|Jan/Feb 1999 Book Reviews|
Random House (October 1998)
ISBN: 0 224 05275 6
$35.00 (hardback) 266 pages
You - we - England - my client - is - are - a great nation of great age, great history, great accumulated wisdom, science and cultural history -stacks of it, reams of it - eminently marketable, never more so than in the current climate.
Julian Barnes has a really great idea. Recreate all that is quintessentially English on the isle of White; provide tourists with a condensed, time-saving, Heritage, Quality Leisure experience; and without the tourist income England will languish, become depopulated, abandon such ideas of nationhood as "economic growth, political influence, military capacity and moral superiority," withdraw from the European Union, and revert to the old, simple, village life.
It's an idea eccentric enough to be quintessentially English. As the French intellectual in the book proves decisively (with reference, naturally, to Rousseau, Levi-Strauss, Saussure etc.), a replica is profoundly modern and infinitely preferred to the original. And it is an idea which is likely to appeal to everyone who feels disenchanted with modern economic and technological pressures and wants to "get back to nature" or to "the good old days."
The trouble is, as Sir Jack Pitman explains to his England, England Project Co-ordinating Committee, Nature in England is as much a result of human intervention as any modern city: "The hill was an Iron Age burial mound, the undulating field a vestige of Saxon agriculture...the pheasant hand-reared by the gamekeeper," and so on. And the traditional rituals and festivals were, and are, as 'real' as the organisers and participants chose or choose to make them.
Throughout the book, Barnes is as concerned with the 'real' England as is the loathsome Sir Jack. He is concerned, too, with the sense of loss which creates nostalgia for the past and for vanishing traditions. He is too good a story-teller to spoil his story with such serious matters, so he buries it in the conceit of a lost jigsaw piece which, linked with the loss of her father, has lasting significance in the memory of Martha Cochran.
Not that Martha places any reliance on memory: it could, after all be just an "artfully, innocently arranged lie". Martha, from the moment we meet her, is a cynic. Small wonder then, that she gains employment with Sir Jack as "Appointed Cynic," although this is a position for which she needs more wit than cynicism.
Barnes is superb at creating characters and displaying their personality, strengths and flaws in their speech, thoughts and actions. Sir Jack, huge in his own self-esteem, wielding supreme power over his chosen sycophants, canny negotiator and vindictive enemy, is a caricature of some modern media moguls. How will the inhabitants of the Isle of White react to his plans?: "...it is not full of inhabitants, what it is full of is grateful future employees." Jerry Batson, now "consultant to the elect" (ie Sir Jack and his likes), is the consummate "ad-man, lobbyist, crisis-manager, image-rectifier and corporate strategist": "So England comes to me, and what do I say to her? I say 'Listen baby face facts. We're in the third millennium and your tits have dropped. The solution is not a push-up bra.'". Martha and Paul are ordinary but clever lovers and conspirators who bring about Sir Jack's (temporary) downfall but are eventually outmanoeuvred. And there is a supporting cast of everyone who was ever anyone in English Heritage history: Robin Hood and his merry men, Nell Gwyn, Lady Godiva, Dr. Johnson, the King and Queen (third millennium editions) and even Lady Chatterly.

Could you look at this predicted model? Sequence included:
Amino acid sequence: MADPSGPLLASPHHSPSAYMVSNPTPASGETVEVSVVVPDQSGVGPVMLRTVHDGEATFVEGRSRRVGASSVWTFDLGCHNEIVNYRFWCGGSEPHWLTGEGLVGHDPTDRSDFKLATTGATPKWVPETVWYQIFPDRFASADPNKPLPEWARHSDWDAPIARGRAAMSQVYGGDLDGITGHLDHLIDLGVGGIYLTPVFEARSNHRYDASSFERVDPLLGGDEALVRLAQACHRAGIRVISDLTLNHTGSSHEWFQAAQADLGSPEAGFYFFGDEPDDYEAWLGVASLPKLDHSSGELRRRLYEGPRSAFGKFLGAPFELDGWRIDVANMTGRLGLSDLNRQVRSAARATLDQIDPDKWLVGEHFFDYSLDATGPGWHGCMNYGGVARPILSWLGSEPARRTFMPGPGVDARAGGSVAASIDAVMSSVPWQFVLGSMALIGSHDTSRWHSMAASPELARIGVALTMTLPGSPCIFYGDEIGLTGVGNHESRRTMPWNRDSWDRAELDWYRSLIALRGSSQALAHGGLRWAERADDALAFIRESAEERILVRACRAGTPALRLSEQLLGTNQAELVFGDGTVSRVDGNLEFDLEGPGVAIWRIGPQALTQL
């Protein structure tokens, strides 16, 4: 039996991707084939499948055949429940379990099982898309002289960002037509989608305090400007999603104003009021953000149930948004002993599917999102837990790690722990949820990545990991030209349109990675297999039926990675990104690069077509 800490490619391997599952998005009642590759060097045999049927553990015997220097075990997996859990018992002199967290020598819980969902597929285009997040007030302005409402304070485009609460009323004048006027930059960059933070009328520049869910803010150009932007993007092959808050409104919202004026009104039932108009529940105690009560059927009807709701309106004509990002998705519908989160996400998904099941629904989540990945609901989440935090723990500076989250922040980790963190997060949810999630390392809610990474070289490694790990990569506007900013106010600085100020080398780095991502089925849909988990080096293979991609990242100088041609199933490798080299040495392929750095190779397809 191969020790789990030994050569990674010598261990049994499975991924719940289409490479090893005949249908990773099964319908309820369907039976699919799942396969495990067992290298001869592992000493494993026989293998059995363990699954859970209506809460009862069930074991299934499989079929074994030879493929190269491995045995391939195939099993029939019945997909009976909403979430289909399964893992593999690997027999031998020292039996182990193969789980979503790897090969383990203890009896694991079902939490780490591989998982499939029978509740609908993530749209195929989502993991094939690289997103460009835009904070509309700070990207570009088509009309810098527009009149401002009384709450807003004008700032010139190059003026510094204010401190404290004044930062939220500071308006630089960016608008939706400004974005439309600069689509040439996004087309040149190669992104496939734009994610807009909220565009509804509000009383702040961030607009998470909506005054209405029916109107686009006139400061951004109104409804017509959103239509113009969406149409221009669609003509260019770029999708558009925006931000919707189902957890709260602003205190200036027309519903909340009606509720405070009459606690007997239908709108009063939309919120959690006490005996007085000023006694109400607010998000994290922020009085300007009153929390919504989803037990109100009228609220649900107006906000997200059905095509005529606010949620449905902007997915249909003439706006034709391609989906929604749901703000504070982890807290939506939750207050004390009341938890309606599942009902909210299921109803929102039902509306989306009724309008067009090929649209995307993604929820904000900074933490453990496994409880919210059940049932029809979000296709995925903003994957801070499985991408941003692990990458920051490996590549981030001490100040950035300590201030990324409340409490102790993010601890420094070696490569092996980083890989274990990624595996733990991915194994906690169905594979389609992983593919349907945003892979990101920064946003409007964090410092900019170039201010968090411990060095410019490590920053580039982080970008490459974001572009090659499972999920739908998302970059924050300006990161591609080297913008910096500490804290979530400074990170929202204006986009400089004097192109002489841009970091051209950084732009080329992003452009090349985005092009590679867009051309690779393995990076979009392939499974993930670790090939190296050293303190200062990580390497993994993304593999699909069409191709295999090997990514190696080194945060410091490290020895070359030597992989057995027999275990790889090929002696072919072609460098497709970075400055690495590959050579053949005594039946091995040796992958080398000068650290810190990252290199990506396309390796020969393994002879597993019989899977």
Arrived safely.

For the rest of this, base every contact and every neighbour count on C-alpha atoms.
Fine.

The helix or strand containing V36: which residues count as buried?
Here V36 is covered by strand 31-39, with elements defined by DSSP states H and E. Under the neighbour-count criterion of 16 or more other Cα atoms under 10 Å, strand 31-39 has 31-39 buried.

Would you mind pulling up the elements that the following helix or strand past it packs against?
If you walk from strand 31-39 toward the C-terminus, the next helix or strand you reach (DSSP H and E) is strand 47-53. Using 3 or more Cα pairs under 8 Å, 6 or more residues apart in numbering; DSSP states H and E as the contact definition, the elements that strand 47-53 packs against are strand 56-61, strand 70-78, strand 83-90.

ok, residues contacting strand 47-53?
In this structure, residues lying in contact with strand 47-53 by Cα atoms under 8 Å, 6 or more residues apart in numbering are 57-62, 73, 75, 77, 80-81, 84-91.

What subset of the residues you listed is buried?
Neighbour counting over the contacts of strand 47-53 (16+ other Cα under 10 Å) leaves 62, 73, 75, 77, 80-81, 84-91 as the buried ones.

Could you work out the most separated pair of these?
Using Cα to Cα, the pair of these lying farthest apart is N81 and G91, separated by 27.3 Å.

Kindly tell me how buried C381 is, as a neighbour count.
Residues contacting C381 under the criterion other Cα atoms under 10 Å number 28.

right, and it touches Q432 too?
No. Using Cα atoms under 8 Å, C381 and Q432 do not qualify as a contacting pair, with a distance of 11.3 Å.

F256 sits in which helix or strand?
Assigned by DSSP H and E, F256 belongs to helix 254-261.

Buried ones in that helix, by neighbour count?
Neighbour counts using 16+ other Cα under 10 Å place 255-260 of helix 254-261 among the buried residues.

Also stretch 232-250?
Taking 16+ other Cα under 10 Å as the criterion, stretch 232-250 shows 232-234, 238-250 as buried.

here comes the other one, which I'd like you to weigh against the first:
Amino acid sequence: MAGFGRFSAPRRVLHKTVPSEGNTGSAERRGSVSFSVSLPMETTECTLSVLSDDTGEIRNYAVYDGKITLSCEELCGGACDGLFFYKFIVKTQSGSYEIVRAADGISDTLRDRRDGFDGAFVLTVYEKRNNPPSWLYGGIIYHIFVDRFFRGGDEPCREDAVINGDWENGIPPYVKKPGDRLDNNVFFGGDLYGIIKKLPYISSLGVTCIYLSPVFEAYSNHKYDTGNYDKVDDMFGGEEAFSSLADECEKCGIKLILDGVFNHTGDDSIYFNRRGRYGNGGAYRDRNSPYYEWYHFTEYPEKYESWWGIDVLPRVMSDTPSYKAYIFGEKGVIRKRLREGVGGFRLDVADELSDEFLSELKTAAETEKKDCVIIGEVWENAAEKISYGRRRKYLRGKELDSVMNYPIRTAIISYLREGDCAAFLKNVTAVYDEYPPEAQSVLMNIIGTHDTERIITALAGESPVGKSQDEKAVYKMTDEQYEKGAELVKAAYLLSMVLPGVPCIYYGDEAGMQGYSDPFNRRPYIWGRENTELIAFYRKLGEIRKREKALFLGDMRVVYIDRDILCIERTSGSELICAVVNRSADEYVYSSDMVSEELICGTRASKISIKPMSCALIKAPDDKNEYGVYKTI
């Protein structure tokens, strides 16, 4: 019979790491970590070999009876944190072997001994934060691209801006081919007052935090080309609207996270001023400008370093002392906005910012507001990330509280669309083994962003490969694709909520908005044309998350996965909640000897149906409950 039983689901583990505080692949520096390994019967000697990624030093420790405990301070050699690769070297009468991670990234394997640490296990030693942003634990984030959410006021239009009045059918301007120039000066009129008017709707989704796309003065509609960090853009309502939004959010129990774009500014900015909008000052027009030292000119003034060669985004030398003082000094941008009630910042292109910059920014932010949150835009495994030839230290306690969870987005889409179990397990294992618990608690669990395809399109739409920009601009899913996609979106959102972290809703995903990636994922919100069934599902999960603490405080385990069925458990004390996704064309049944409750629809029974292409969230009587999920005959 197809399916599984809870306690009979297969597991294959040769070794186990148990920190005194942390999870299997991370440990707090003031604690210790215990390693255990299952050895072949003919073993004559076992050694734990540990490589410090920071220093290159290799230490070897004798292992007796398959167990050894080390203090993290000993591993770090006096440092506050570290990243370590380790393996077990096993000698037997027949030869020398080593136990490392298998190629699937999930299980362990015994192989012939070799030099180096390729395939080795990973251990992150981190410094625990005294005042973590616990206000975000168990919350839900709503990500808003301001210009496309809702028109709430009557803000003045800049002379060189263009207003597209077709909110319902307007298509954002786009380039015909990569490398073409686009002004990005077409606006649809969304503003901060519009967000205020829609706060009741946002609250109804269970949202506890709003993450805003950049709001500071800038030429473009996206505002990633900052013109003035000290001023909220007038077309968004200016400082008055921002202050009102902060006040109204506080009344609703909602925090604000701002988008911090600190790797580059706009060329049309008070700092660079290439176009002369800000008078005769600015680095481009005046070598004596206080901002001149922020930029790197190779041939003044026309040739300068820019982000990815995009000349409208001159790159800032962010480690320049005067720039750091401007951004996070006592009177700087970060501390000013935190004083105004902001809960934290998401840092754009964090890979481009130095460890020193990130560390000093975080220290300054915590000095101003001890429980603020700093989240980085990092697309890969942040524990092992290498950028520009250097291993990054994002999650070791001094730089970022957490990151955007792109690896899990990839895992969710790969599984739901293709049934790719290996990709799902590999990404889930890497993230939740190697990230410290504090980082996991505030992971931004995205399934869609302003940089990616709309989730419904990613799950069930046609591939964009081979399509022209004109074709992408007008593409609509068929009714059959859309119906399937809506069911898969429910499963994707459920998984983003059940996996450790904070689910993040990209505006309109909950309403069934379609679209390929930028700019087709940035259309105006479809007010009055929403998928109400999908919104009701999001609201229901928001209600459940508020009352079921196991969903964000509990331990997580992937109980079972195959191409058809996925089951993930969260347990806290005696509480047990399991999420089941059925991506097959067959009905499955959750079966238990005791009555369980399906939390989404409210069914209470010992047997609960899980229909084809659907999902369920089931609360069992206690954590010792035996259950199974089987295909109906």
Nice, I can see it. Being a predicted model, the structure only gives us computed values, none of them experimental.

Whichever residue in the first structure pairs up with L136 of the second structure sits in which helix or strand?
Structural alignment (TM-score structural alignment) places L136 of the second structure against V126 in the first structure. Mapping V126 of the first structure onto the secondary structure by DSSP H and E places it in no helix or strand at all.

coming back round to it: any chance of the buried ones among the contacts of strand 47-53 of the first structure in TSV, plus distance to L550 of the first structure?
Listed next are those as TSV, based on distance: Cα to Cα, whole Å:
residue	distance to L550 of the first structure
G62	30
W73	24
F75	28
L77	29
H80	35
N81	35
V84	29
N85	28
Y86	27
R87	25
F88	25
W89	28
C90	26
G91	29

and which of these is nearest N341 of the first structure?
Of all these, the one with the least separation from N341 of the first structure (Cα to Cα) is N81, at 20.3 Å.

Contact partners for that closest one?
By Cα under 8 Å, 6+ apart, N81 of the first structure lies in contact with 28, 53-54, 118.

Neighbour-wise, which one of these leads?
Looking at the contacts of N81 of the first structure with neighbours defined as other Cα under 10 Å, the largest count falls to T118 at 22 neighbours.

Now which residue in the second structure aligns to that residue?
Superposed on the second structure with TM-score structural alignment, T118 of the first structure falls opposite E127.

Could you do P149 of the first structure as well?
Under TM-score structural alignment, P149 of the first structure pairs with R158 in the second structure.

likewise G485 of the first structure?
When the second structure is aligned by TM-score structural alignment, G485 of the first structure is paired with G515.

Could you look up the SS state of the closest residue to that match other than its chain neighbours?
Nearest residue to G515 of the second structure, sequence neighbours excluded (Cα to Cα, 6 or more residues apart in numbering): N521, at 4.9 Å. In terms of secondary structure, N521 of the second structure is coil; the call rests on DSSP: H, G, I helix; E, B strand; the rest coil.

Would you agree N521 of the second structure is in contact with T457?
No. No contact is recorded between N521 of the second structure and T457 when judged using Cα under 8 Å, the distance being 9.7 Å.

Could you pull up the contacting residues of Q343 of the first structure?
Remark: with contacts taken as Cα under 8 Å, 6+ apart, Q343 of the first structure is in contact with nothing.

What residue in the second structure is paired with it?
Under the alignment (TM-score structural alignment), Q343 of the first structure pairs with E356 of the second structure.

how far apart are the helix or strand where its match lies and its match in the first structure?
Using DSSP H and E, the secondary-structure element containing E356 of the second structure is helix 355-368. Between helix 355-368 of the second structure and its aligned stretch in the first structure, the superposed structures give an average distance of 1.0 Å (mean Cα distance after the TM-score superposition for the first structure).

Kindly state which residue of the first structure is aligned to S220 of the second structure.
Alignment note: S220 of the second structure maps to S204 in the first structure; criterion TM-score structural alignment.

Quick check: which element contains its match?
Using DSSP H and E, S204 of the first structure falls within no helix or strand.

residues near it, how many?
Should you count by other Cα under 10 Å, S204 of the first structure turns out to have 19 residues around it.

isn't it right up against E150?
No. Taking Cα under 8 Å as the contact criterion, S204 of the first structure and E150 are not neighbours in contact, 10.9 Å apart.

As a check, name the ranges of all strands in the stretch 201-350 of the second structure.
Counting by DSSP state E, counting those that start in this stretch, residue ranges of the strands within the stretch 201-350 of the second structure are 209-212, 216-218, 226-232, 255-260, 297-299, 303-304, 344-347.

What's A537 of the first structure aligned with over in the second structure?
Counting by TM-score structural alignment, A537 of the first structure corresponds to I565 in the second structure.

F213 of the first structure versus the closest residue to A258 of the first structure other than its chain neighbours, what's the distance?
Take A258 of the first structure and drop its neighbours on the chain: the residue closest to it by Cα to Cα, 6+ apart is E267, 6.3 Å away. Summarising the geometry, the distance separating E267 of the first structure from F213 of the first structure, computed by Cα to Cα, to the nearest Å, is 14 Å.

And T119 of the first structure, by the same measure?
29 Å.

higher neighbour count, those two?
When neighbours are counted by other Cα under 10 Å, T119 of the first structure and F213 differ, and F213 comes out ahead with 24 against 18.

For most of the time, this book is cynical, clever, very funny and almost believable. The denouement of Sir Jack's pathetic sexual perversions comes close to overdoing the caricature and engendering disgust, but this is outweighed by the delight of hearing that the actors/smugglers are beginning to take their roles too seriously, and that "Dr. Johnson" has become Dr. Johnson and 'Visitors' who dine with him at the Cheshire Cheese are complaining that he is smelly, belligerent and making inappropriate racist remarks: "I am willing to love all mankind, except an American."
Somehow, Barnes walks the fine line between pure, unbelievable fantasy and the grossly over-fantastic with ironic aplomb despite a few near-fatal wobbles. At each end of the line is a solid place where reality is what we might expect it to be - Martha's childhood memories at one end, and the mature adaptations and compromises of her later years at the other. And it is Martha, the most believable of all the book's character, who asks herself the question which underlies all the pantomime in the middle of the book: "Could you reinvent innocence?" Sadly, Barnes seems to be telling us that this is just not possible.